Code:
    Insert into TempTable
    Select TableA_Stage.*
    from TableA_Stage
       left join TableA on 
          TableA_Stage.Field1 = TableA.Field1
    where TableA.Field1 is null
    Sorry. That query has been giving me a twitch every time it comes up. ;-). (and yes, I know the original poster never claimed it was a working copy)

  9. #9
    Join Date
    Dec 2003
    Posts
    61
    I am also doing a distinct to avoid any duplicates. Would that make any difference or imopact the performance ?

    Insert into TempTable
    Select Distinct TableA_Stage.*
    from TableA_Stage
    left join TableA on
    TableA_Stage.Field1 = TableA.Field1
    where TableA.Field1 is null

  10. #10
    Join Date
    Jan 2003
    Location
    Massachusetts
    Posts
    5,800
    Provided Answers: 11
    Distinct has an effect on how long it takes to select records, since it requires a sort to detect and remove duplicates. What do the statistics on these tables look like?

    Code:
    select object_name(object_id), name, stats_date(object_id, index_id)
    from sys.indexes
    where object_id = object_id('tablename')
    And, also, what does the execution plan look like? Maybe an index has gone missing?

  11. #11
    Join Date
    Dec 2003
    Posts
    61
    The indexes are rebuilt once every week.

    The execution plan says something like...
    Query cost (relative to the bacth): 100%
    Missing Index (Impact 85.4972): Create NonClustered Index [<Name of missing index, sysname,>] on...

  12. #12
    Join Date
    Dec 2003
    Posts
    61
    adding WITh NOLOCK would help in the select query??
    i think its a lock time-out issue

  13. #13
    Join Date
    Mar 2007
    Location
    Holmestrand, Norway
    Posts
    332
    Looking through the information here: You have some kind of stage table, and a table that you want to update with information from the stage table. My first question: The column (or columns) that you join on, are they guaranteed to be unique? If so, you should consider having a unique index (on this/these column(s)) on both the stage and target table, it could speed up your join drastically. Otherwise, a non-unique index could do the same, but if possible a unique index would be preferred.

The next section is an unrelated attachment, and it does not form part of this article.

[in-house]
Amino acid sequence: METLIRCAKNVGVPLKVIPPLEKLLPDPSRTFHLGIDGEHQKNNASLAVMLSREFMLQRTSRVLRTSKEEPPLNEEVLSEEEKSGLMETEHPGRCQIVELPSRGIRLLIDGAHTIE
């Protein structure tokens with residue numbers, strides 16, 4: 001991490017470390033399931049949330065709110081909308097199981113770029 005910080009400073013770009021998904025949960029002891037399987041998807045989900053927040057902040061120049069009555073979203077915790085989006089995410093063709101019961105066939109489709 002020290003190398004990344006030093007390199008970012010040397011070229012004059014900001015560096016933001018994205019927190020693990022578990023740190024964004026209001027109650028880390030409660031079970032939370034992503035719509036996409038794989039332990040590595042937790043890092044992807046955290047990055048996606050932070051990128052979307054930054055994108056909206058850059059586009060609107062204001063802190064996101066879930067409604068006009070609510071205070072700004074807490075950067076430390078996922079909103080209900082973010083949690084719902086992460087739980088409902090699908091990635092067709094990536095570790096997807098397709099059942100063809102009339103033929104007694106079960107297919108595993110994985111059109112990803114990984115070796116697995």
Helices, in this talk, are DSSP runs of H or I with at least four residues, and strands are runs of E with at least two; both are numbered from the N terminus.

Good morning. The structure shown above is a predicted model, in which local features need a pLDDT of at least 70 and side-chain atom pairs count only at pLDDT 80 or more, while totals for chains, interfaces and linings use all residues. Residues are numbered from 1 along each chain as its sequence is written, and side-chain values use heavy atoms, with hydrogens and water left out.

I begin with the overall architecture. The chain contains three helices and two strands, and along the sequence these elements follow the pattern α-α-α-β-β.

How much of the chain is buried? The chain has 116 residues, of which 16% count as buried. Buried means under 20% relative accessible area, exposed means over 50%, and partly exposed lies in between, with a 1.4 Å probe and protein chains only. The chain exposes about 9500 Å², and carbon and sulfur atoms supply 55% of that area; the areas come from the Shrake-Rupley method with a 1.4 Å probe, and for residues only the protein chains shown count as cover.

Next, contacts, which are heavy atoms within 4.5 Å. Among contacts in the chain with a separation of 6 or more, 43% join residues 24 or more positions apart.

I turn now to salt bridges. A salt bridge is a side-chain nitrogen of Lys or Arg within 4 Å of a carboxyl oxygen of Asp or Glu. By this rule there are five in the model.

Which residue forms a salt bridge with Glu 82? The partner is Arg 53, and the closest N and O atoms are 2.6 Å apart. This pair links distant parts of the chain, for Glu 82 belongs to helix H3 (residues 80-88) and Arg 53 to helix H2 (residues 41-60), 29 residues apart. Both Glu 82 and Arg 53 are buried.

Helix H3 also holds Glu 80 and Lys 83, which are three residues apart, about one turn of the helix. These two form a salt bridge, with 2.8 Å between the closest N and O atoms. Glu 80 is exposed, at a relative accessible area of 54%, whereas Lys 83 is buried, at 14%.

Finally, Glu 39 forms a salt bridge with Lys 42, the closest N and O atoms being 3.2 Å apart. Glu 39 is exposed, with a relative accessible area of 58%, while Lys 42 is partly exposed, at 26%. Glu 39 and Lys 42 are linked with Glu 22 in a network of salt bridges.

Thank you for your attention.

If this is some kind of incremental load, I would suggest adding a timestamp column to your stage table, and create a stored proc for the insert. This should log the Timestamp values read, and only read the rows with greater timestamp. This could very well be done in combination with indexes. I've just done something similar myself, and large updates went from 8 minutes to 3 seconds.
    Ole Kristian Velstadbråten Bangås - Virinco - MSSQL.no - Facebook - Twitter

  14. #14
    Join Date
    Jan 2003
    Location
    Massachusetts
    Posts
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    Provided Answers: 11
    Are the indexes that are rebuilt every week used in this process? updating a table (or inserting/deleting) requires index maintenance. If there are 50 indexes on the table, the inserts would take a long time.

  15. #15
    Join Date
    Dec 2003
    Posts
    61
    There is only one clustered index on the auto-incrementing ID column.
    The building of the indexes is not part of this insert process. It is schedule at a different time every week